Photo “WATCH OUT <
Car-centric societies tend to make excuses to defend a way of life – a life dependent on automobiles. These excuses are disproportionately emphasized in the media and accepted by society.
When a tragedy occurs between a motorist and a bicyclist, the media looks for reasons to explain how such a tragic event could occur. Was the bicyclist wearing a helmet? Was the driver under the influence of alcohol? Was the bicyclist wearing dark clothes?
It’s easier to deflect blame than to accept that cars are dangerous and drastic measures are needed to improve safety.
Motorist mows down group of bicyclists in Italy
Early Sunday morning, a speeding automobile plowed through a group of bicyclists in Italy while passing another automobile – killing 8 of the bicyclists, and injuring another 4.
A CBC article stated matter-of-factly that police allege the driver had been smoking marijuana.
Instead of talking about the danger posed by automobiles and trying to find solutions to the core issue – the fact that automobiles inflict death on innocent humans – the comments in the article focused on the marijuana, wrongly assuming that the fatal collision was caused by marijuana.
The man who killed the bicyclists had his license revoked six months ago for dangerous driving. Yet people seem to focus on the marijuana as the root cause.
Speeding, careless driving, sense of entitlement, poor road design, and lack of enforcement are all root causes of collisions that inflict casualties on humans at the helm of automobiles.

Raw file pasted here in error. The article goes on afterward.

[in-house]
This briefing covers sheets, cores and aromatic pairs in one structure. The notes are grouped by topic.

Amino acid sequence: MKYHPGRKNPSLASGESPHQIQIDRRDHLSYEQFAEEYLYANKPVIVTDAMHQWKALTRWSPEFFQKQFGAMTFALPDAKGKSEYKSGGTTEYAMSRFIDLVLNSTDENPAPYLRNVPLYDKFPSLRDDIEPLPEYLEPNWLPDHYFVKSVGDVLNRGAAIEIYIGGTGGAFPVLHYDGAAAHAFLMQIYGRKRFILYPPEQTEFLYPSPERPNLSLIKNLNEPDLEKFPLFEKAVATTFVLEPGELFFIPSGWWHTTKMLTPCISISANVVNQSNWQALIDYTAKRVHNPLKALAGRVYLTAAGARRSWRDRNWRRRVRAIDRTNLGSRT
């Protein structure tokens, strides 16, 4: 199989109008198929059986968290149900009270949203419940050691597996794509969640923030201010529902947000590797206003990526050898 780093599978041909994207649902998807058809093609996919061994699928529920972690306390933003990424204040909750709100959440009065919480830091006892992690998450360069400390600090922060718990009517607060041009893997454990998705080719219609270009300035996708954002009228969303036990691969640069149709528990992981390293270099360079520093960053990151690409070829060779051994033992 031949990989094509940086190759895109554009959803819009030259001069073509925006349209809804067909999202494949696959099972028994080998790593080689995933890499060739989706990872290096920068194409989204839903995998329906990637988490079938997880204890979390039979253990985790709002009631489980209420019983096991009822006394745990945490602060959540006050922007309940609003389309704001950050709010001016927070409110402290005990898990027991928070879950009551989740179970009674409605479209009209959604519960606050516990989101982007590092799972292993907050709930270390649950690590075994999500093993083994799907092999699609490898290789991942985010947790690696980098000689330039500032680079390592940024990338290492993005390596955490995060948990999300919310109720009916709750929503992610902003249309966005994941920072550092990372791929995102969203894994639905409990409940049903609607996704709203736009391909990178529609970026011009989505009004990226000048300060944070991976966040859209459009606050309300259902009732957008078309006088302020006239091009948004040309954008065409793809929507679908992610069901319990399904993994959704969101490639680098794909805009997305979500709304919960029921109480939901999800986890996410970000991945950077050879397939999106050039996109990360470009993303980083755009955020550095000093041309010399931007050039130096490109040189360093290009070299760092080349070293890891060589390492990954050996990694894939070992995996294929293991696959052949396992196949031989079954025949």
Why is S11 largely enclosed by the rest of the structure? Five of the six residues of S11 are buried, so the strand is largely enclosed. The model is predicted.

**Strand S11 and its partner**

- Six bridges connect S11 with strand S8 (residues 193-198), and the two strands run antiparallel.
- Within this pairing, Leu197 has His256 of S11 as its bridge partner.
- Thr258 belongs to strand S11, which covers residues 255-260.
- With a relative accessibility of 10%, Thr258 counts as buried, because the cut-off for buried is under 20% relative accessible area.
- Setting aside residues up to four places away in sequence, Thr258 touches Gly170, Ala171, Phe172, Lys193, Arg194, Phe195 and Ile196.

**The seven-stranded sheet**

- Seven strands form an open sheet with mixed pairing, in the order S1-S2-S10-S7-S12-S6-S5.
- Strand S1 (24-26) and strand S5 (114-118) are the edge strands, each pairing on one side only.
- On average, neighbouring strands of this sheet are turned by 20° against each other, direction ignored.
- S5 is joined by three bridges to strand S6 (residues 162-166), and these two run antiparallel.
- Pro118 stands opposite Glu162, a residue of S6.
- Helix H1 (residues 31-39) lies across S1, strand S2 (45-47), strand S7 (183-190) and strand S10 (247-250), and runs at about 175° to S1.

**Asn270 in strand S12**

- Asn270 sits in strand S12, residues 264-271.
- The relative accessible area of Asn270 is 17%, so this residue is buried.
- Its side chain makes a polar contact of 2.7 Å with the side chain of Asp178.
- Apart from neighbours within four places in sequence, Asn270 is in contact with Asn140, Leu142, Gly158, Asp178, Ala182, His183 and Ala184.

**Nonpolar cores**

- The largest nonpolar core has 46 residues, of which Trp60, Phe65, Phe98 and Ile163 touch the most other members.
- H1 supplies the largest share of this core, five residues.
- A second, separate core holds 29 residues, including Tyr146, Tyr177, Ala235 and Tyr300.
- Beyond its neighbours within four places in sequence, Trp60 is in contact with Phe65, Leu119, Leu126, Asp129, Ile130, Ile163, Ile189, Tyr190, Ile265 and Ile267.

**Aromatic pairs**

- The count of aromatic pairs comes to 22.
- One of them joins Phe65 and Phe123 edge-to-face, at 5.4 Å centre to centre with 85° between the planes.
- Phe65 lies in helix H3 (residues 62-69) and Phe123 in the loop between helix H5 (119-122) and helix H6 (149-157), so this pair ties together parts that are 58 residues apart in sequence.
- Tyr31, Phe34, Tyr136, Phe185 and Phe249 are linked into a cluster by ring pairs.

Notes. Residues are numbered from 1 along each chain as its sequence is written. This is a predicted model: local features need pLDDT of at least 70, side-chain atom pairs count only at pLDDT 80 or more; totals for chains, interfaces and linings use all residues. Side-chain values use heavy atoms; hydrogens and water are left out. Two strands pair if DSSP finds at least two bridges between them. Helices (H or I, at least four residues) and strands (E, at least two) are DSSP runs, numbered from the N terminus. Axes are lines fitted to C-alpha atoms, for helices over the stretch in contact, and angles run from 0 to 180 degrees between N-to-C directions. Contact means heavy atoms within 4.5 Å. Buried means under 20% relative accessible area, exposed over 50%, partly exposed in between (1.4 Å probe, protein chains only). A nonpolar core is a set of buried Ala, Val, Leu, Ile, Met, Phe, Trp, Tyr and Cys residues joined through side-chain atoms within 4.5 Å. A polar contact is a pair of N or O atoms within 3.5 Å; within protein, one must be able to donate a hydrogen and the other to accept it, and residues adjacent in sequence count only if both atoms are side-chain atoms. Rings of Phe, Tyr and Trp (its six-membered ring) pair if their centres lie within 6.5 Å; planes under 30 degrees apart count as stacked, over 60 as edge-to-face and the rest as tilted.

Blaming marijuana on the death of these 8 people is just another excuse.
If a city devoid of automobiles had a million bicyclists riding around – all high on marijuana, do you think there would be mass carnage? Hardly.
Marijuana is not the issue. Helmets are not the issue. They are just excuses to defend a sense of entitlement and to avoid changes to actually improve safety on our streets. Even the New York Times piece covering this tragedy calls it an “accident”.
No such thing as an accident
There is no such thing as an accident when it comes to automobile collisions – and to imply this is an “accident” is naive at best, wilfully deceiving at worst. There is only carelessness or negligence and human error.
Human error in an automobile often has fatal consequences. Unfortunately, most people don’t understand the great responsibility they have while driving – as can be evidenced by the careless driving that we all see every single day in our cities.
Changes to improve safety is often met with strong resistance. Drivers will do anything to fight against traffic-calming measures that might slow them down. They feel threatened by the possibility of adding proper infrastructure for bicycles because they feel it will increase congestion.
To make matters worse, motorists often get a free pass from the media when they are involved in fatal collisions. If it’s not the victim’s fault, it must be the weather – or the marijuana.
Exercise caution when overtaking a bicyclist
The other week I had a friend tell me she gets really nervous when she drives past cyclists in the city. She is afraid to pass them because there is such little space, and she fears she will hit them.
Well, that is certainly a sign that she’s probably driving too close to the bicyclist, instead of slowing down and safely merging over to safely pass the bicyclist.
In our car-centric society, motorists feel they have a right to continue full-steam ahead without letting a petty cyclist slow them down. She certainly didn’t want to injure or kill a bicyclist, but she very well could have.
If the bicyclist swerved to avoid a pothole, and she ended up hitting and killing him, the media probably would have reassured her that it wasn’t her fault. “Accidents” happen, they will tell you.
That is not a world I want my kids to grow up in.